HIV has been known for being able to alter the human genome – as a matter of fact, this is the mechanism for every retrovirus out there – that’s just how they work. This mechanism is extremely interesting, and at a very basic level, it works like this: when a retrovirus enters a cell, its genetic information is in the form of RNA, which is different to DNA. The retrovirus uses a special enzyme to make a DNA copy of the RNA genome of the virus; this DNA copy travels to the nucleus of the cell, where it is spliced into the host’s genome, thus ordering it to create new virus particles.

What this research team has done is develop a technique that increases the safety of the cutting process, the so-called “gene editing”:

“In the past, the gene for the scissors has been transferred to the cells, which is dangerous because the cell keeps on producing scissors which can start cutting uncontrollably. But because we make the scissors in the form of a protein, they only cut for a few hours, after which they are broken down. And we ensure that the virus particle also brings along a small piece of genetic material to patch the hole,” says Jacob Giehm Mikkelsen.

According to them, there is no risk of further infection, and it has no negative effects:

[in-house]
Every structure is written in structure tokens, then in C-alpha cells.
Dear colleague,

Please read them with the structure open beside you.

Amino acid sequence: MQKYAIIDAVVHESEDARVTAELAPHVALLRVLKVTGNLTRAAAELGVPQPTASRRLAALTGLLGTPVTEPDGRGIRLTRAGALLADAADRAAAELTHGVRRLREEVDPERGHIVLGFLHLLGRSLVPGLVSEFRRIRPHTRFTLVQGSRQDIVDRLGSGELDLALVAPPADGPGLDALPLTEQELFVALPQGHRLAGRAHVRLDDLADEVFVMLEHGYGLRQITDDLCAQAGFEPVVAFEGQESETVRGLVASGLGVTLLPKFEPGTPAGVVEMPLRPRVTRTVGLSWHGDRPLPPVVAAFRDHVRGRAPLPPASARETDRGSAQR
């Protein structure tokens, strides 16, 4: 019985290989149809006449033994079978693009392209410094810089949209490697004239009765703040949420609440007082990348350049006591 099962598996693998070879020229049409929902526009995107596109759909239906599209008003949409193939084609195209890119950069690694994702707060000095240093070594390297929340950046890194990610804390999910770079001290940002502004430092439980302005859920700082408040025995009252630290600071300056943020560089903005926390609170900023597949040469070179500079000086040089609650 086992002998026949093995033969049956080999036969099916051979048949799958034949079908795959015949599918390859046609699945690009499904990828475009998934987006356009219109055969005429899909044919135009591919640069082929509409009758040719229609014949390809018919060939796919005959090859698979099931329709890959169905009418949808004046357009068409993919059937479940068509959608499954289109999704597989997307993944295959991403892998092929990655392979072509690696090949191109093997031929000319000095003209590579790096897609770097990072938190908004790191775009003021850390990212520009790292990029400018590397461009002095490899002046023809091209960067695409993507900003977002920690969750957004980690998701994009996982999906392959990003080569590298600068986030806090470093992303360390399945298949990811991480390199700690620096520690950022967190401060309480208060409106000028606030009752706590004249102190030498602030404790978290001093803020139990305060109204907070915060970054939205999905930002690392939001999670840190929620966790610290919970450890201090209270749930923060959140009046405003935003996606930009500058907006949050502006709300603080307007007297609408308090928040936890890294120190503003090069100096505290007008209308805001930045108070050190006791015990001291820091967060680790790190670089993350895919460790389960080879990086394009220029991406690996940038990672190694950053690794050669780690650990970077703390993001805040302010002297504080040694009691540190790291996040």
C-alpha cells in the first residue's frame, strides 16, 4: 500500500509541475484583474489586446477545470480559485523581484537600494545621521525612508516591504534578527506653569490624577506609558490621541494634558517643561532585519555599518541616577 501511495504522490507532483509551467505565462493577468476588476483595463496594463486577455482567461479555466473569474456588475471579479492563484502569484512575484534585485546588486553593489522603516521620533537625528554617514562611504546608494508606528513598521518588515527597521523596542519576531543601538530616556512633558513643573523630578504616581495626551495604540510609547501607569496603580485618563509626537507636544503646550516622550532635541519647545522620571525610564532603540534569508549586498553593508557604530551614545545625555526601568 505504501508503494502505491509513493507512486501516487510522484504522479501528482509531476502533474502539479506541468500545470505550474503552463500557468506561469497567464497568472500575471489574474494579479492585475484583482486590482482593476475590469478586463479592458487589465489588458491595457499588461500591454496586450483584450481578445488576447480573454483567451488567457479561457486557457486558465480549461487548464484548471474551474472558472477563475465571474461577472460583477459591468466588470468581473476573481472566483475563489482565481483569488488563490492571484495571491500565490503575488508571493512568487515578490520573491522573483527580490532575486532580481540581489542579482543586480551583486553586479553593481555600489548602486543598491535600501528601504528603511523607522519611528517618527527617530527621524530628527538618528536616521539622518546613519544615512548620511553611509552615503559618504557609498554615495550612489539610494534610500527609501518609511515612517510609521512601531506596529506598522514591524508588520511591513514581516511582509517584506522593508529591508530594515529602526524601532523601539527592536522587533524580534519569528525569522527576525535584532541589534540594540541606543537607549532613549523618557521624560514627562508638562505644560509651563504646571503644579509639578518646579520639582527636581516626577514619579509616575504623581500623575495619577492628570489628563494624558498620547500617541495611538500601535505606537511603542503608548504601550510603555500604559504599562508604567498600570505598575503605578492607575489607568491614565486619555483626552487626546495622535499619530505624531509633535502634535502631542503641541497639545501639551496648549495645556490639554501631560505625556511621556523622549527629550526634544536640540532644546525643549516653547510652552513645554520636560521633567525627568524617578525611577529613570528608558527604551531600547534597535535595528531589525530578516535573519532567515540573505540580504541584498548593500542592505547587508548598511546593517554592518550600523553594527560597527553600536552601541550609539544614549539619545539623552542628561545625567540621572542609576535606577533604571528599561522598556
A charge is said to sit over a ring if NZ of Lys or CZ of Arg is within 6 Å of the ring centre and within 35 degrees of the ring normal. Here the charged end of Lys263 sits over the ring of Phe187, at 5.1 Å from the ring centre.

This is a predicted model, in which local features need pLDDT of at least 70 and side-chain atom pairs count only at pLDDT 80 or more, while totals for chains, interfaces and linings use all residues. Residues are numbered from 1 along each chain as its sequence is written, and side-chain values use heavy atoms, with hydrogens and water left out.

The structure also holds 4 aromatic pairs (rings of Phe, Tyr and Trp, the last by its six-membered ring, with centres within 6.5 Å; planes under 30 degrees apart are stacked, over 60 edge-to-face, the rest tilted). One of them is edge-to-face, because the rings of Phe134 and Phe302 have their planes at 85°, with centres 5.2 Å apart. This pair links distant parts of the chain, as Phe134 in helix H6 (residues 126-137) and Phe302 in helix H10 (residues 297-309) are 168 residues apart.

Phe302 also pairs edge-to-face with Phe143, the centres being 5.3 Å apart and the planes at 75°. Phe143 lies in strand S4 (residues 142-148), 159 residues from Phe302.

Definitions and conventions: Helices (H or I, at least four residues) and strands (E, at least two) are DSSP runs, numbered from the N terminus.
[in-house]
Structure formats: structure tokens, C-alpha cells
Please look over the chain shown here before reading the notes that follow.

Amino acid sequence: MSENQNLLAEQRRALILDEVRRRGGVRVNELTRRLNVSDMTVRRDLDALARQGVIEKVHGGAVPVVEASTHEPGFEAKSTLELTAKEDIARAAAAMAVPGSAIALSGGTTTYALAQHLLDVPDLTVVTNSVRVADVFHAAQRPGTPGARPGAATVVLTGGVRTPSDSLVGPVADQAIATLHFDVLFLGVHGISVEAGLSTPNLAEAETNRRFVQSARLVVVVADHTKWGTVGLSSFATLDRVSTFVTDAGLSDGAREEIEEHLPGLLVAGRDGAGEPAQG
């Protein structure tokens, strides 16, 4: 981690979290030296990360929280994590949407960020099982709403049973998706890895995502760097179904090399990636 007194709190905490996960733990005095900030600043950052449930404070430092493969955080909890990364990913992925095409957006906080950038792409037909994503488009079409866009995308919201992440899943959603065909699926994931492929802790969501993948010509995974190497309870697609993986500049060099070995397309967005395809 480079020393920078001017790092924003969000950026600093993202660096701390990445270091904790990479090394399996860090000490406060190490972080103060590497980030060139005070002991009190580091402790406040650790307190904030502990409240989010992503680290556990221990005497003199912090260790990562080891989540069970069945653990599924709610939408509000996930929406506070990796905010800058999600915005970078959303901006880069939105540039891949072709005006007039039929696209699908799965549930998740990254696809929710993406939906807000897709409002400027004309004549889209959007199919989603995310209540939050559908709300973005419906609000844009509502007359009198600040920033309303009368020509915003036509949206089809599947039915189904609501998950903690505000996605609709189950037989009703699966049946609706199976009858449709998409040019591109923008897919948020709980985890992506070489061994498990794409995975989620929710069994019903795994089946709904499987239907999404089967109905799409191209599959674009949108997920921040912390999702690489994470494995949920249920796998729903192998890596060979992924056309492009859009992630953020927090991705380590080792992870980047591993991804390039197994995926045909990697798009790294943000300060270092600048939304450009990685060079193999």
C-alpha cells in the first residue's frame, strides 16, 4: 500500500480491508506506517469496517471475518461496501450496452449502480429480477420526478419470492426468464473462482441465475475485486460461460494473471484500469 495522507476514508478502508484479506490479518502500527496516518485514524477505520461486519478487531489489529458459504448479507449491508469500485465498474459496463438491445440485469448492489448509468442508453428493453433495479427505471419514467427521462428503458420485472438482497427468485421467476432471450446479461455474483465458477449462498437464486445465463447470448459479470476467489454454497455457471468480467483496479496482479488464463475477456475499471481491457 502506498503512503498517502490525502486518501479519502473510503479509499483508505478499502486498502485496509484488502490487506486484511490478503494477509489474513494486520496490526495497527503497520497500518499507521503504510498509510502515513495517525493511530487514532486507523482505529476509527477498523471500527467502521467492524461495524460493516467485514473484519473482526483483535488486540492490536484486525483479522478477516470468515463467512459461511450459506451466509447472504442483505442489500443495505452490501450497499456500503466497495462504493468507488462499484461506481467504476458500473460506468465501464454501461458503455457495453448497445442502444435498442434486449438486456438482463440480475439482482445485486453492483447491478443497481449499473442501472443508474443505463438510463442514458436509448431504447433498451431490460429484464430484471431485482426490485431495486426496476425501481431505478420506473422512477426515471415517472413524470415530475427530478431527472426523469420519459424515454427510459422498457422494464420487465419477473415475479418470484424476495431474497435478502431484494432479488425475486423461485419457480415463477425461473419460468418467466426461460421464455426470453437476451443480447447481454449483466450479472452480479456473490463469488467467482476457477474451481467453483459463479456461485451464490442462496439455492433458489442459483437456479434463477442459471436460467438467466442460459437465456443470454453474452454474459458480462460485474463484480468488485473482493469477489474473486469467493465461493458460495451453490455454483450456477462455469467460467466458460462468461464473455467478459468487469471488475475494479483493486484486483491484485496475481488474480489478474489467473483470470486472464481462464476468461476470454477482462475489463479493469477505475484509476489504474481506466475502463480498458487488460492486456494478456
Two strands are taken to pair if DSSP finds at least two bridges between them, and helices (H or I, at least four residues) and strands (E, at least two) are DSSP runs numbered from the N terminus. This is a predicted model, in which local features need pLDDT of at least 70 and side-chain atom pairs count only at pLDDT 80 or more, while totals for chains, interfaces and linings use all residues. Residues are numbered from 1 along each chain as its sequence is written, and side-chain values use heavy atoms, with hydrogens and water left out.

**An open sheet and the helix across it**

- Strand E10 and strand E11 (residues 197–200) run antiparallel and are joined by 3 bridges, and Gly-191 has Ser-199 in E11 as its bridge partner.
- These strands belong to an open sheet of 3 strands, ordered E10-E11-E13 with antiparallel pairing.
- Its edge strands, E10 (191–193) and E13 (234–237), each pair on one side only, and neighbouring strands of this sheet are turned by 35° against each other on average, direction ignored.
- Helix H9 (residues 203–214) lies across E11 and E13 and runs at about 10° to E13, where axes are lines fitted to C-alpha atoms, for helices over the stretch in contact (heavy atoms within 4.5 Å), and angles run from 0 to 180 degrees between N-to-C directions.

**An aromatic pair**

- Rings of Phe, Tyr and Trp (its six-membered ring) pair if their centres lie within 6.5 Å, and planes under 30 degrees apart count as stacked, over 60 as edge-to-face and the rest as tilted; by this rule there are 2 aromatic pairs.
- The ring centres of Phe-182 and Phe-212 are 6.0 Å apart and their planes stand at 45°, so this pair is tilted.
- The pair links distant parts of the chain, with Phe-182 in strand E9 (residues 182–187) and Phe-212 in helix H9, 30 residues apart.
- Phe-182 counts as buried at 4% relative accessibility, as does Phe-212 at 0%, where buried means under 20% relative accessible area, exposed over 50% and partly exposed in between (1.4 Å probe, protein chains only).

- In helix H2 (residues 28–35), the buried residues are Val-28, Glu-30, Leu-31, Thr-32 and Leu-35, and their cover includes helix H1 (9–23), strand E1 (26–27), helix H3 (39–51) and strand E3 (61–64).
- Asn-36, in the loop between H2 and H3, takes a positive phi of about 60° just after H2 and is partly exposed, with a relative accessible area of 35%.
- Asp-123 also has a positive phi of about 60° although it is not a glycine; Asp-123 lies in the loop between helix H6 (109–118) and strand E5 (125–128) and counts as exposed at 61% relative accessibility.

“We call this a ‘hit-and-run’ technique because the process is fast and leaves no traces”.

This kind of treatment is called gene therapy – it has been proposed for quite a while, but so far, it has only been trialled with limited success – working around a person’s DNA is extremely dangerous, and cancer is always a potential result. However, if their results are as good as they claim, this might finally overcome that hurdle.

HIV infection is one of the areas where the researchers want to make use of the technique, and here the goal is to stop a specific gene from functioning – something that the protein scissors used here can do.

“By altering relevant cells in the immune system (T cells) we can make them resistant to HIV infection and perhaps even at the same time also equip them with genes that help fight HIV.

“So in this way HIV can in time become a tool in the fight against HIV,” says postdoc and PhD Yujia Cai of the research team.

The scientific paper is available here: Targeted genome editing by lentiviral protein transduction of zinc-finger and TAL-effector nucleases